11 December 2009


Posted in events, food at 1:07 am by Tricia

bizcochito cookies

bizcochito snowmen - they melt in your mouth, not in the street

I’m going to a cookie exchange tonight, and I’ve prepared the Official State Cookie of New Mexico (really! you can read about them at wikipedia! and see the recipe at wikibooks!). You either gotta love or wonder deeply about a state that takes the time to recognize a state cookie. Then again, Michigan has a state soil. I doubt anybody here has a Christmas tradition of eating Kalkaska sand. But hey, what do I know – I didn’t grow up here!

Anyway, this also happens to be a Christmastime favorite at my house and at my sister’s. My mother got this recipe from Cocinas de Nuevo México, a cookbook she got from the Albuquerque gas or electric company in the late 60s or early 70s. I typically half the recipe (because it makes lots!), so those are the amounts I’ve provided here.



1/2      pound (.25kg) butter/shortening (lard is traditional)
3/4      cups (75g) sugar
2         tsp. (10g) anise seed (crushed)
1         egg, beaten
3         cups (200g) flour
1.5       tsp. (15g) baking powder
1/2       tsp. (5g) salt
1/4       cup (65ml) brandy (I use orange juice)

cinnamon sugar: mix 1/4 cup sugar + 1 tablespoon cinnamon


  1. Cream the shortening, sugar, and anise in a large mixing bowl. Add eggs and beat well.
  2. Combine flour, baking powder, and salt in a large mixing bowl.
  3. Alternately add flour and brandy/OJ to creamed mixture until a stiff dough has formed. Let dough set in refrigerator until easy to handle.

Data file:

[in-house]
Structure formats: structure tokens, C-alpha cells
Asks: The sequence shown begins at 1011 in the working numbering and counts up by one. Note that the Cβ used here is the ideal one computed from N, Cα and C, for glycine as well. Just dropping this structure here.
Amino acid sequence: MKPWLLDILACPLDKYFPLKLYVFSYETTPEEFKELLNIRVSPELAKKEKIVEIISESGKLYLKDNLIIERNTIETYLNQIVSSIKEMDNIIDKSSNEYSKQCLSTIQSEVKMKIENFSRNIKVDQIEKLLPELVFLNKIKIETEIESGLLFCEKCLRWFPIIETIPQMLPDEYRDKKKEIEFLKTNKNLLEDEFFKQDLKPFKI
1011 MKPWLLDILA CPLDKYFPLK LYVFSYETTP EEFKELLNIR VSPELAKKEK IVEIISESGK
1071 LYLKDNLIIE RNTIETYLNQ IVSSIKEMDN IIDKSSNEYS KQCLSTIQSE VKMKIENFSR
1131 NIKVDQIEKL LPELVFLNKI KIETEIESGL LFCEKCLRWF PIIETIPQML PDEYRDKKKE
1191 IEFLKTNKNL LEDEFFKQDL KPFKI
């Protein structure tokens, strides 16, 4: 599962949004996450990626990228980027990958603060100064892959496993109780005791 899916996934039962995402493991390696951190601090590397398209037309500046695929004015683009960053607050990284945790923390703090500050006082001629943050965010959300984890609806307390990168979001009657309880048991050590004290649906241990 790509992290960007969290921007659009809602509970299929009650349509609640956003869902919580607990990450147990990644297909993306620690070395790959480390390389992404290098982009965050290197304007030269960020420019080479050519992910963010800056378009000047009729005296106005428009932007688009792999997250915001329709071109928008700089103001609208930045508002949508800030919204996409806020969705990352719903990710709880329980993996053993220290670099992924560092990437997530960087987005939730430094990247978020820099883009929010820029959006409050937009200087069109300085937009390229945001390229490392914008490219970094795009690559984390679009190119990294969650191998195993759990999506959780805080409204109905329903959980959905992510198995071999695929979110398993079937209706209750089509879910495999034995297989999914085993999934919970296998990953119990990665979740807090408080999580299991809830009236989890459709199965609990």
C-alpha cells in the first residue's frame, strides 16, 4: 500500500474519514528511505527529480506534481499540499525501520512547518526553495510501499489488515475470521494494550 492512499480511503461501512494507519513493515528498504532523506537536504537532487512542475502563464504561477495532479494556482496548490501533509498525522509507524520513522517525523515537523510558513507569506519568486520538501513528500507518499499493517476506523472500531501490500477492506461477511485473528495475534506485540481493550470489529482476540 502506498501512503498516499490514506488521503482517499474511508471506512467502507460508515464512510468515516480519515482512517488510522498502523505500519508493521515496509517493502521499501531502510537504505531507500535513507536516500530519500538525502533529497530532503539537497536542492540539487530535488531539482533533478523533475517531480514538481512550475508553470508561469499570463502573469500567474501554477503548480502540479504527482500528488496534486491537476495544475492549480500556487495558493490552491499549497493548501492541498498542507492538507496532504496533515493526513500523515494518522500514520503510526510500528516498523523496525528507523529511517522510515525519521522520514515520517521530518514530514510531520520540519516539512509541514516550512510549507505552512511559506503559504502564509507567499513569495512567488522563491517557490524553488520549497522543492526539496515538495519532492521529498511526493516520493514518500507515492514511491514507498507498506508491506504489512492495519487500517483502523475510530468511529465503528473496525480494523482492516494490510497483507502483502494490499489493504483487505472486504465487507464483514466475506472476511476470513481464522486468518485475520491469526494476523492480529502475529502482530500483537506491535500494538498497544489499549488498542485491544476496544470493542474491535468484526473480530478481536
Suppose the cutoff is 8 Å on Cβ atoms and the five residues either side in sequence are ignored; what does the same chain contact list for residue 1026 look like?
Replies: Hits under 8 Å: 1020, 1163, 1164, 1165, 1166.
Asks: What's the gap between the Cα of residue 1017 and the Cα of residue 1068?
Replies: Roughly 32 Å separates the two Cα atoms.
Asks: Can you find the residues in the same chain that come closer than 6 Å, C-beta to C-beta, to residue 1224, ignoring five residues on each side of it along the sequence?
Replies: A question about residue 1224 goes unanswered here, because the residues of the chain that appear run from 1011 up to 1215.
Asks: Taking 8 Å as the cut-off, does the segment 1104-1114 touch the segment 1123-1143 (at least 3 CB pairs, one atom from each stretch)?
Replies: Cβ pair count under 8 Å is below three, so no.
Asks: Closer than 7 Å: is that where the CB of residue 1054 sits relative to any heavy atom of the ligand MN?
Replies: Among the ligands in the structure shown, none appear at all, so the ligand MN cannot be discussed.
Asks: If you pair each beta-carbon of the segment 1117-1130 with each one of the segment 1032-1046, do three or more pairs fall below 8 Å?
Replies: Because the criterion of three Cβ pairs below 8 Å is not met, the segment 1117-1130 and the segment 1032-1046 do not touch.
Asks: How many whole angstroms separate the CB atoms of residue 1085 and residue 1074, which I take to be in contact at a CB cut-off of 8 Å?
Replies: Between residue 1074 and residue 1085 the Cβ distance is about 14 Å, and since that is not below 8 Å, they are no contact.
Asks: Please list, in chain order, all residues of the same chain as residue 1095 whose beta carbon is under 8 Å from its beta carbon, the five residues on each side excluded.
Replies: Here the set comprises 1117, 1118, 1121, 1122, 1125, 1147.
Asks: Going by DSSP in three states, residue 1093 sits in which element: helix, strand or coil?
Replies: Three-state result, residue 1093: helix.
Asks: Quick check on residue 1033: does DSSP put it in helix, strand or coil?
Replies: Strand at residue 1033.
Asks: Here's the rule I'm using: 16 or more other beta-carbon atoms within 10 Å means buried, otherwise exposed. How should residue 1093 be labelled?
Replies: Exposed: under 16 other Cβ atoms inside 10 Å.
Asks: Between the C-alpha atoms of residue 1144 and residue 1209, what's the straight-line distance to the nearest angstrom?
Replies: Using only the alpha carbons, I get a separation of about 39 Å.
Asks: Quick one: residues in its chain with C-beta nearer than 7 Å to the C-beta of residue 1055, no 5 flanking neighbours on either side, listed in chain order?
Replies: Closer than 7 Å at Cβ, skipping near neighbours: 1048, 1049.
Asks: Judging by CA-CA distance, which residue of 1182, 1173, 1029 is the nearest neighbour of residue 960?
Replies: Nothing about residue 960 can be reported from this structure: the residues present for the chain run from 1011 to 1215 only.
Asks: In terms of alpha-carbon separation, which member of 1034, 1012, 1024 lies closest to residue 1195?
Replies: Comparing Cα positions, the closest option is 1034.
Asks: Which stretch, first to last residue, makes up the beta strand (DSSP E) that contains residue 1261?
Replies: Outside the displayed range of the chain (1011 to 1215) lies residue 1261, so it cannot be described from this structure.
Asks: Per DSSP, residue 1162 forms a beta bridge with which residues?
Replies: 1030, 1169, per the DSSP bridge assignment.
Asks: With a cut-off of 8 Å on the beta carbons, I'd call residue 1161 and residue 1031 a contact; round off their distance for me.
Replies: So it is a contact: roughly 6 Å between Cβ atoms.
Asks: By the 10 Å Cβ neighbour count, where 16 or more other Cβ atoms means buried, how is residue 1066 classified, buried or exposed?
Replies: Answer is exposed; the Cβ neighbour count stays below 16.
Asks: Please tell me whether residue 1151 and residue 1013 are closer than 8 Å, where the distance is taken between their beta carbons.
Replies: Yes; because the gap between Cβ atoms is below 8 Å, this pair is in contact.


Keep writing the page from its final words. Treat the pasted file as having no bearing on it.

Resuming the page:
4. When ready to proceed, preheat oven to 350° F (180° C).
  5. Knead dough slightly and pat or roll to a 1/4 to 1/2 inch (.5 to 1cm) thickness.
  6. Cut into desired shapes. (The cookbook we had says “fleur-de-lis is traditional” but triangles were traditional at our house! They’re also much quicker to produce. I like to use simple Christmas cookie cutters, like stars, bells, and trees.)
  7. Dust with (or dip in) cinnamon sugar.
  8. Bake in an oven preheated to 350°F (180°C) for 10 minutes or until golden brown.


  1. MK said,

    Looks good! See you tonight….

  2. TeacherPatti said,

    OMG! I absolutely cannot wait to try these tonight 🙂

  3. Leila said,

    Mmmmmmmmmmmm… I love bizcochitos, though I seldom bother to make them.

  4. TeacherPatti said,

    These were so awesome! Thanks so much for bringing them and I am SO glad to have gotten to meet you 🙂 Hope to see you again soon!

  5. Tricia said,

    Thanks Patti, it was good meeting you as well.

    Leila, you should make them, they’re easy! And it’s less expensive than driving to NM for Christmas. :^)

  6. teacherpatti said,

    Just ate my last one 😦
    Til next year 🙂

    • Tricia said,

      For some reason, Patti, wordpress marked your comments as Spam and didn’t notify me they were pending. Weird!

      We got a fresh supply of bizcochitos when I visited my parents in NM this past week.

  7. Kate said,

    Wow–we have a state soil! That is so weird it makes me strangely happy.

    • Tricia said,

      Turns out New Mexico has a state soil as well – but it’s unofficial and not as memorable as Kalkaska sand! (According to the USDA, every state has a state soil, but only 20 are legislatively recognized. That’s my new factoid for the day. :^)

  8. vivnidhi said,

    Hey Tricia, I can barely pronounce bizchochitos. Not only were these tasty, the kids & I found them really cute :-). Looking forward to seeing you again soon !

  9. Os invito a ver el nuevo portal para compartir recetas de cocina http://www.cociname.com y que compartais vuestras mejores recetas para que las puedan votar todos los usuarios

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